A trial looking at magnetic resonance spectroscopy (MRS) to help diagnose and treat children and young people with brain stem tumours (CNS 2004 11)

Cancer type:

Brain (and spinal cord) tumours
Children's cancers





This trial looked at magnetic resonance spectroscopy (MRS) scans to see if they could help diagnose brain stem tumours in children and young people.

A small number of children and teenagers have a brain tumour of the brain stem. The brain stem runs down from the centre of the brain and connects with the spinal cord.

Magnetic resonance imaging (MRI) scans are used to help diagnose brain stem tumours in children. They are also used to see how well treatment is working. They can tell the doctors where in the brain the tumour is, and how big it is. But MRI scans don’t give the doctors all the information they would like.

Magnetic resonance spectroscopy (MRS) scans are similar to MRI scans, but can give extra information. Earlier trials suggested that the MRS scans may be able to give information about the type of brain tumour, how quickly it is growing and whether certain treatments will work. The doctors running this trial wanted to find out more about this.

The aim of this study was to collect information from MRS scans to increase understanding about the diagnosis and treatment of brain stem tumours in children and young people.

Summary of results

The research team found that MRS scans could be useful to help diagnose brain stem tumours in children and young people.

This trial recruited 35 children with brain stem tumours from 4 hospitals. They all had MRI scans and MRS scans.

The results showed that MRS scans did help to diagnose different types of brain tumours in some people. And there were some differences between the levels of certain substances (called metabolites) in different types of brain tumours. These could help doctors decide whether tumours are likely to grow slowly (low grade tumours) or more quickly (high grade tumours).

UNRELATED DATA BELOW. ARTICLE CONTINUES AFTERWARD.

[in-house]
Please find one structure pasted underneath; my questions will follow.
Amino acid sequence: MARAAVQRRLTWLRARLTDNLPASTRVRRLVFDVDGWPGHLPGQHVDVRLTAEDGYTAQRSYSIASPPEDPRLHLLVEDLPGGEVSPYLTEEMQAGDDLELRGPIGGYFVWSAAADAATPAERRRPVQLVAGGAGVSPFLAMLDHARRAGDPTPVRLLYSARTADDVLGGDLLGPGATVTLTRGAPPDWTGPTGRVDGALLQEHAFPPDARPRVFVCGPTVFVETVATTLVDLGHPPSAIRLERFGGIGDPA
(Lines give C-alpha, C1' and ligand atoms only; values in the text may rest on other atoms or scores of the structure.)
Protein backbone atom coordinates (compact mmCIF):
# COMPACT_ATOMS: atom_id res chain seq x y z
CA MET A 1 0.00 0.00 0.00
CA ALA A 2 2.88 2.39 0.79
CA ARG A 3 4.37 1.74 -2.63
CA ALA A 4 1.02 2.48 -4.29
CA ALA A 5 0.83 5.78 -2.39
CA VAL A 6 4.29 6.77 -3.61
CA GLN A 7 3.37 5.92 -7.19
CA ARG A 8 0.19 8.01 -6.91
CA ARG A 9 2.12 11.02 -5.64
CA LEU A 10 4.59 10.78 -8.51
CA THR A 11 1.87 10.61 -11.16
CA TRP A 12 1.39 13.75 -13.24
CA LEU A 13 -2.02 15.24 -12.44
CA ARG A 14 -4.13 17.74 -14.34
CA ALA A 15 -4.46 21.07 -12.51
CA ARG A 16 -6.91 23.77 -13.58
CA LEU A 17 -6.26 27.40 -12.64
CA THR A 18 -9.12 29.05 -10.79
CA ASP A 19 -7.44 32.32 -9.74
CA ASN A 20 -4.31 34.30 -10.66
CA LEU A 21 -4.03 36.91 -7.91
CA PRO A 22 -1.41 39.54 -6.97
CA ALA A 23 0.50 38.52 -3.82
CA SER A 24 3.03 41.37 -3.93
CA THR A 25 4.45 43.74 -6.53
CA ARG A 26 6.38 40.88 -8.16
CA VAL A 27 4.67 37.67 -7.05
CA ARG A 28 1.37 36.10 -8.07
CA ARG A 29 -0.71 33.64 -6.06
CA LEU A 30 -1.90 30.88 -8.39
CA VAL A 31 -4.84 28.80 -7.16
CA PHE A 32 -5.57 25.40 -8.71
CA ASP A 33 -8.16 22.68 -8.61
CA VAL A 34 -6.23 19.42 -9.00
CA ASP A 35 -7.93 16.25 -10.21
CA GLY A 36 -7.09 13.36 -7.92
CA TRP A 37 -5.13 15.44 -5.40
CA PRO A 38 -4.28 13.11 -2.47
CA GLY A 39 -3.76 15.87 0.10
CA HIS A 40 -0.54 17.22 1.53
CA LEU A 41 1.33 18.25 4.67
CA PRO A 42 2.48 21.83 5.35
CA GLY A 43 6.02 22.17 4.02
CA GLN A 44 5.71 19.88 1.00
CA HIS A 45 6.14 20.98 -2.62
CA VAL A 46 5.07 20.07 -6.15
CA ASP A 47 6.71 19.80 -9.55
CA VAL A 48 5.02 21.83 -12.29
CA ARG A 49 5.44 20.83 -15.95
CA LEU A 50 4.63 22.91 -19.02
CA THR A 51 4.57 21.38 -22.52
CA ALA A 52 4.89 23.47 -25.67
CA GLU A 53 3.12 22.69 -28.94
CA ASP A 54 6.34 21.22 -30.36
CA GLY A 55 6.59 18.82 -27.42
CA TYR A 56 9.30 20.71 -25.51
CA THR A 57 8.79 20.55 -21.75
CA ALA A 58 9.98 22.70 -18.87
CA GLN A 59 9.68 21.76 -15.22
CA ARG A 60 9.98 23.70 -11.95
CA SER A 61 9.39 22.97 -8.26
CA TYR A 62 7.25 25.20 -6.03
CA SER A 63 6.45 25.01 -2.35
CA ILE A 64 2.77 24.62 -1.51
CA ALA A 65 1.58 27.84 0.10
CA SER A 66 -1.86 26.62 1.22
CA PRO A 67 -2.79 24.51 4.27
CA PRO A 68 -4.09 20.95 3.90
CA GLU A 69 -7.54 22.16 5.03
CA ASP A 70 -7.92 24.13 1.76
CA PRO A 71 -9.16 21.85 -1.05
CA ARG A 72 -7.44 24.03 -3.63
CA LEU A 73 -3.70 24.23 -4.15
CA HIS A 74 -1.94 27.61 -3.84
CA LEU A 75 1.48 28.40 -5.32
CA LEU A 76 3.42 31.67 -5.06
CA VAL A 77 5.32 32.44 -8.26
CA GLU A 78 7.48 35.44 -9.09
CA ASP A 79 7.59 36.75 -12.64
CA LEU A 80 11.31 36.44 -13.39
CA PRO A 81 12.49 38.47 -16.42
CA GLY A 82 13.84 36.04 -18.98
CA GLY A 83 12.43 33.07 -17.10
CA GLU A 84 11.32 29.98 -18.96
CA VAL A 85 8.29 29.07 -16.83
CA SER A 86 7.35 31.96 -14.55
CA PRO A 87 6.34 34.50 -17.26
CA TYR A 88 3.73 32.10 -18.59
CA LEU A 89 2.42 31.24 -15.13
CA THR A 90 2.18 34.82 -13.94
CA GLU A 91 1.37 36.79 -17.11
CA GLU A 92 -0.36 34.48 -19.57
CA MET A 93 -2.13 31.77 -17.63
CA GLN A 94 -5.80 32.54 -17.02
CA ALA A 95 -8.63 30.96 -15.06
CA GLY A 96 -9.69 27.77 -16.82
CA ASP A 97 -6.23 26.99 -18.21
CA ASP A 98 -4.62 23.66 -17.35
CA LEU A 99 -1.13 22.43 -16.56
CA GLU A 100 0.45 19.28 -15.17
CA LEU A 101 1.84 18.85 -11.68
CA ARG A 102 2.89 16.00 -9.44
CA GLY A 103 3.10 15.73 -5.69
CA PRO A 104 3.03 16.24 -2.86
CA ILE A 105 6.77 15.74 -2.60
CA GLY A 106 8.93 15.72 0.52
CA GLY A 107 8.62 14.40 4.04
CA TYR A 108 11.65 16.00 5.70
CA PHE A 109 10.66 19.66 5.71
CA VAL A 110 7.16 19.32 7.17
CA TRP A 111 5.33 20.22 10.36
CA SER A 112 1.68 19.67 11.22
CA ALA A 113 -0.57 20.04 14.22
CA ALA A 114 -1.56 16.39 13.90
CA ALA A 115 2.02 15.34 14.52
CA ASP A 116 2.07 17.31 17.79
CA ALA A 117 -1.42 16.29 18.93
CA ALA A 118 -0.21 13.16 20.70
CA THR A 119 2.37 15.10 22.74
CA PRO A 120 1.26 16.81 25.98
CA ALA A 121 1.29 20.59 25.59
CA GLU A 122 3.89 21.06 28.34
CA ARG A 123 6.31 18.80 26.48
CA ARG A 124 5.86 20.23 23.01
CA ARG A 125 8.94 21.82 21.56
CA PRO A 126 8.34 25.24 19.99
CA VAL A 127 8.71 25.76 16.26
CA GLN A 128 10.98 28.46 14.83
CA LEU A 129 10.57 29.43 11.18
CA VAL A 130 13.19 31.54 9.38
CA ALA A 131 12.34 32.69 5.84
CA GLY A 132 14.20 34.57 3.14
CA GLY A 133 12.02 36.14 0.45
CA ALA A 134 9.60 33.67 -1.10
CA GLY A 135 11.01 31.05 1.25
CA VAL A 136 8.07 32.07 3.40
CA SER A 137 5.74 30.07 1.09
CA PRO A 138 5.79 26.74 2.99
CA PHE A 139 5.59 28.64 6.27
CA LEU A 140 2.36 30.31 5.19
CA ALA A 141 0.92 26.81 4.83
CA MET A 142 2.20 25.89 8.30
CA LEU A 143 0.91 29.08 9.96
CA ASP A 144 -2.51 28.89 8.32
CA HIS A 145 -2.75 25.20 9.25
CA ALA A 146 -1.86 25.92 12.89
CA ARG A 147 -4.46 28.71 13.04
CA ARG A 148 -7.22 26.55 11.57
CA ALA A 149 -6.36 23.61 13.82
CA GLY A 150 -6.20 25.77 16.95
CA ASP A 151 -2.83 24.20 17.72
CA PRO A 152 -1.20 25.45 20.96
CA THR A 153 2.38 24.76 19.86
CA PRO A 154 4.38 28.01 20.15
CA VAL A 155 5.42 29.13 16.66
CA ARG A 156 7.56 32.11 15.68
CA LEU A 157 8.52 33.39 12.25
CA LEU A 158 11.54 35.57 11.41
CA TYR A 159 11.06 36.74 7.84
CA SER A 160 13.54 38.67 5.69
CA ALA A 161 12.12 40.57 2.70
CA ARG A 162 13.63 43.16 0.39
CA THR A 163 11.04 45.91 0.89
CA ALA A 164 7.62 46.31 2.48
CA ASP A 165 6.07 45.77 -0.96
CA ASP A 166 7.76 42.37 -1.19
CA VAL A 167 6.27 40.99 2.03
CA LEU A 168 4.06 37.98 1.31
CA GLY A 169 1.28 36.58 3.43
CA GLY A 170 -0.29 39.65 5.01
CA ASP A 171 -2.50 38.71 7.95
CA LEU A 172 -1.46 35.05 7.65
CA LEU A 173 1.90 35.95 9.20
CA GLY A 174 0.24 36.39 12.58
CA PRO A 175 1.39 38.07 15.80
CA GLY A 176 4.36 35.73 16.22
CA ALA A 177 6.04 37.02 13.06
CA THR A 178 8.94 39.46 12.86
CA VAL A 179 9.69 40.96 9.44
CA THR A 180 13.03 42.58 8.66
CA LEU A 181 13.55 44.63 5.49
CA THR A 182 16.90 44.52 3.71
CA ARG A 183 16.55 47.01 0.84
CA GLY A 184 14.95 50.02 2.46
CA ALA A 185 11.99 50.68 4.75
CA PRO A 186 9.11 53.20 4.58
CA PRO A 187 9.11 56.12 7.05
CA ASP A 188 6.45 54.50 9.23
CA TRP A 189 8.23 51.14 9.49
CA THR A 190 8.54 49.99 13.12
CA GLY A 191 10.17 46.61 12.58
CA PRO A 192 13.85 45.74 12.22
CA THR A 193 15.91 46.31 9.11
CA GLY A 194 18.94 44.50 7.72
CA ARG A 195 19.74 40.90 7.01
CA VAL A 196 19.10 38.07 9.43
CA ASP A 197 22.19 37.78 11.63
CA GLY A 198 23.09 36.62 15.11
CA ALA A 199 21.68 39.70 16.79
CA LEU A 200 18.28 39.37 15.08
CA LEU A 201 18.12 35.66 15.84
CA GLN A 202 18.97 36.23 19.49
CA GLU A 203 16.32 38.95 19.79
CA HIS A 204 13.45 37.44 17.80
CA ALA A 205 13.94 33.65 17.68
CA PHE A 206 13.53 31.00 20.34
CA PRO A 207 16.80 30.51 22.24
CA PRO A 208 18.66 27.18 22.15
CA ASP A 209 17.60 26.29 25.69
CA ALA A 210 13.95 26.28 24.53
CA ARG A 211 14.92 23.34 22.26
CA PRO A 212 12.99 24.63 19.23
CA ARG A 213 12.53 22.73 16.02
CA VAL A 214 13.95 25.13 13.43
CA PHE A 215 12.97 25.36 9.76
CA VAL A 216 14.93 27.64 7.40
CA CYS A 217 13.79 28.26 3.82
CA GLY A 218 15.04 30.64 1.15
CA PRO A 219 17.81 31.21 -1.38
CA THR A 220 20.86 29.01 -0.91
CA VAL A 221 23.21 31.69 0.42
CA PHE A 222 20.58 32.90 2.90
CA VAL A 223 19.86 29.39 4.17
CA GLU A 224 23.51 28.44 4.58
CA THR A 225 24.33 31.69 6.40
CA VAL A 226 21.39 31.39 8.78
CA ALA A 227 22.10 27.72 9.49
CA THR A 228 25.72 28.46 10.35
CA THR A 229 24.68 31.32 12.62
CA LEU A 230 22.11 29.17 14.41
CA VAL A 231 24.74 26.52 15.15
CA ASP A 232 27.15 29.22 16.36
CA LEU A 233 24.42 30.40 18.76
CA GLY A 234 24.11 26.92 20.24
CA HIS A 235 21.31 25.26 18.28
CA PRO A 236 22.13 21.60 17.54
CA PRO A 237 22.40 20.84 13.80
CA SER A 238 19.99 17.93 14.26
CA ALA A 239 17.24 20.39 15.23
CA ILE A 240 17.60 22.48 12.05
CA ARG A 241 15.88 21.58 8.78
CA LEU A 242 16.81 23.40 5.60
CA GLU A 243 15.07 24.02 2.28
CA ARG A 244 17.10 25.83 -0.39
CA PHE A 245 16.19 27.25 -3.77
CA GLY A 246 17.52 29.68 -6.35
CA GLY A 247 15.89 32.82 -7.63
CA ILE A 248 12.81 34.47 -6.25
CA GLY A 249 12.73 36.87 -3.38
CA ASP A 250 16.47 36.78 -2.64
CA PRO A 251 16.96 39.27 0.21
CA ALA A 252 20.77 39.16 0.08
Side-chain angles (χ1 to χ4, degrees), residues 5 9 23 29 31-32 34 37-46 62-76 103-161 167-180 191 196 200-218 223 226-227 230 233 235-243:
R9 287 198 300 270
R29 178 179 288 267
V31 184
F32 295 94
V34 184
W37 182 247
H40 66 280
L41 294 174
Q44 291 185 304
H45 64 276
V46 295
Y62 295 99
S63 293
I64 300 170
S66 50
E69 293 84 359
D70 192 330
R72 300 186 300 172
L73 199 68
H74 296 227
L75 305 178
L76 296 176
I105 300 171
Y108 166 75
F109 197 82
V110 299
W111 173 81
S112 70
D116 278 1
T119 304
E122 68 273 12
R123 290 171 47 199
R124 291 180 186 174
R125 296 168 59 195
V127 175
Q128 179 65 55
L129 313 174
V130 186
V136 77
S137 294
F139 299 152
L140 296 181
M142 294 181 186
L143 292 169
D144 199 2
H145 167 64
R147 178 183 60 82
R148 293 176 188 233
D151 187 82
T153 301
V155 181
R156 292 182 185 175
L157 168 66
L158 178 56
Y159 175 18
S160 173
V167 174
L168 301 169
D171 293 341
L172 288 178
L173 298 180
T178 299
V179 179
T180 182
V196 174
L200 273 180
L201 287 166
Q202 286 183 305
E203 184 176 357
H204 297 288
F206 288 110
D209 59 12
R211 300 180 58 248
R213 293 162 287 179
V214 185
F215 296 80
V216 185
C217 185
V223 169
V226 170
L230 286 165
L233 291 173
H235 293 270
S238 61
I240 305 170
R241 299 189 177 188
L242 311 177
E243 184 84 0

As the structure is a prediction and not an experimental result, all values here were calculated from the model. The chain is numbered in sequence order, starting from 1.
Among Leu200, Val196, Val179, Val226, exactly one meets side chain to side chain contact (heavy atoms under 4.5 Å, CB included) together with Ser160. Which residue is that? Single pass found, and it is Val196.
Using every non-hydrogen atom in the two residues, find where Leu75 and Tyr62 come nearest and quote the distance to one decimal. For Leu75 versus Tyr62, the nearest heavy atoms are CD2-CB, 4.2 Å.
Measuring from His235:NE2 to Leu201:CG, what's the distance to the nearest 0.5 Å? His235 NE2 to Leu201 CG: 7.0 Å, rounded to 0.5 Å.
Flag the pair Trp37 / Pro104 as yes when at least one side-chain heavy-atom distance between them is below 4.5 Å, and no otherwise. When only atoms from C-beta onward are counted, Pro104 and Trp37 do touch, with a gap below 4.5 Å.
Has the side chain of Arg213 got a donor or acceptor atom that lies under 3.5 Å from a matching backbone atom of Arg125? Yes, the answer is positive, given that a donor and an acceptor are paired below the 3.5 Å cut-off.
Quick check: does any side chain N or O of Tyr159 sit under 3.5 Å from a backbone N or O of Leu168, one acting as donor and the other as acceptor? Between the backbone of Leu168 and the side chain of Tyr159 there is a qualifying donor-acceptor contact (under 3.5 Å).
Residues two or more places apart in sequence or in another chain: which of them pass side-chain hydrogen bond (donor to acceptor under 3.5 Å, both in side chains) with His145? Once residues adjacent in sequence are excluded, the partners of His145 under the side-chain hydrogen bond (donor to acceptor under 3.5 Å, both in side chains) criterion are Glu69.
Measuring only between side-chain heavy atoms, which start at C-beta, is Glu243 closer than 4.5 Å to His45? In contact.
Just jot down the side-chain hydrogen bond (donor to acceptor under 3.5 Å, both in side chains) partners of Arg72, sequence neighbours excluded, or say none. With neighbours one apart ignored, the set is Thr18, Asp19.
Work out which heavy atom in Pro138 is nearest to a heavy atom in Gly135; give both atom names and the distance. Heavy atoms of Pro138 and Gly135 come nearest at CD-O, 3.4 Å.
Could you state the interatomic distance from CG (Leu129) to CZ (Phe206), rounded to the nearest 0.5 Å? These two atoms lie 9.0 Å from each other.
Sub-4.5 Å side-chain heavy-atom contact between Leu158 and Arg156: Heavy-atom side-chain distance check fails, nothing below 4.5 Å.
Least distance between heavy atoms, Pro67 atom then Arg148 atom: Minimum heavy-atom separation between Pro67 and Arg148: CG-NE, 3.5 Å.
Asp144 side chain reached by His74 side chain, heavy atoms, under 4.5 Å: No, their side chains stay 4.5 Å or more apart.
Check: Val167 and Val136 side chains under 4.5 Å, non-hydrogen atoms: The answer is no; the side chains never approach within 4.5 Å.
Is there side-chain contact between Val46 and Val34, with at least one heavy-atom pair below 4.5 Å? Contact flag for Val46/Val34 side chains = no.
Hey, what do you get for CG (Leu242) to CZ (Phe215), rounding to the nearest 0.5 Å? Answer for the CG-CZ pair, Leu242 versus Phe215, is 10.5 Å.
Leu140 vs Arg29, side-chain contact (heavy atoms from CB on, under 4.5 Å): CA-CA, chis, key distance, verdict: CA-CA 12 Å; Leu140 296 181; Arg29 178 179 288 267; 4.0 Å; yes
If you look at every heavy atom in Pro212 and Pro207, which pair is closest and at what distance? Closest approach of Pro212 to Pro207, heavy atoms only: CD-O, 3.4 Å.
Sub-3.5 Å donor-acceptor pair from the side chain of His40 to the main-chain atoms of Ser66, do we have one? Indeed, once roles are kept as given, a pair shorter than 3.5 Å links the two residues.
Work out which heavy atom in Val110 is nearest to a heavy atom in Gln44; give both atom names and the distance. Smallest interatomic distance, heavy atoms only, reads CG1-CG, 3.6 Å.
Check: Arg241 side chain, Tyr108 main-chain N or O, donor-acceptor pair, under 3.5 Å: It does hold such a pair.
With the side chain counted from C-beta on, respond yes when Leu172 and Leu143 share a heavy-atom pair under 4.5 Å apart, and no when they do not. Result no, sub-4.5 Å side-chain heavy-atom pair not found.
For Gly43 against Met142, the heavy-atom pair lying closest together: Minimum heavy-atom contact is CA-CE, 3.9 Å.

The research team concluded that MRS scans could be useful alongside MRI scans to give more information about brain tumours and how well treatments are likely to work.

We have based this summary on information from the team who ran the trial.  As far as we are aware, the information they sent us has not been reviewed independently (peer reviewed Open a glossary item) or published in a medical journal yet. The figures we quote above were provided by the trial team. We have not analysed the data ourselves.

Recruitment start:

Recruitment end:

How to join a clinical trial

Please note: In order to join a trial you will need to discuss it with your doctor, unless otherwise specified.

Please note - unless we state otherwise in the summary, you need to talk to your doctor about joining a trial.

Chief Investigator

Prof Andrew Peet

Supported by

Cancer Research UK
Children's Cancer and Leukaemia Group (CCLG)
Department of Health
Engineering and Physical Sciences Research Council (EPSRC)
Medical Research Council (MRC)
NIHR Clinical Research Network: Cancer

Questions about cancer? Contact our information nurses

Freephone 0808 800 4040

Last review date

CRUK internal database number:

Oracle 528

Please note - unless we state otherwise in the summary, you need to talk to your doctor about joining a trial.

Cara took part in a clinical trial

A picture of Cara

"I am glad that taking part in a trial might help others on their own cancer journey.”

Last reviewed:

Rate this page:

Currently rated: 3.7 out of 5 based on 3 votes
Thank you!
We've recently made some changes to the site, tell us what you think

Share this page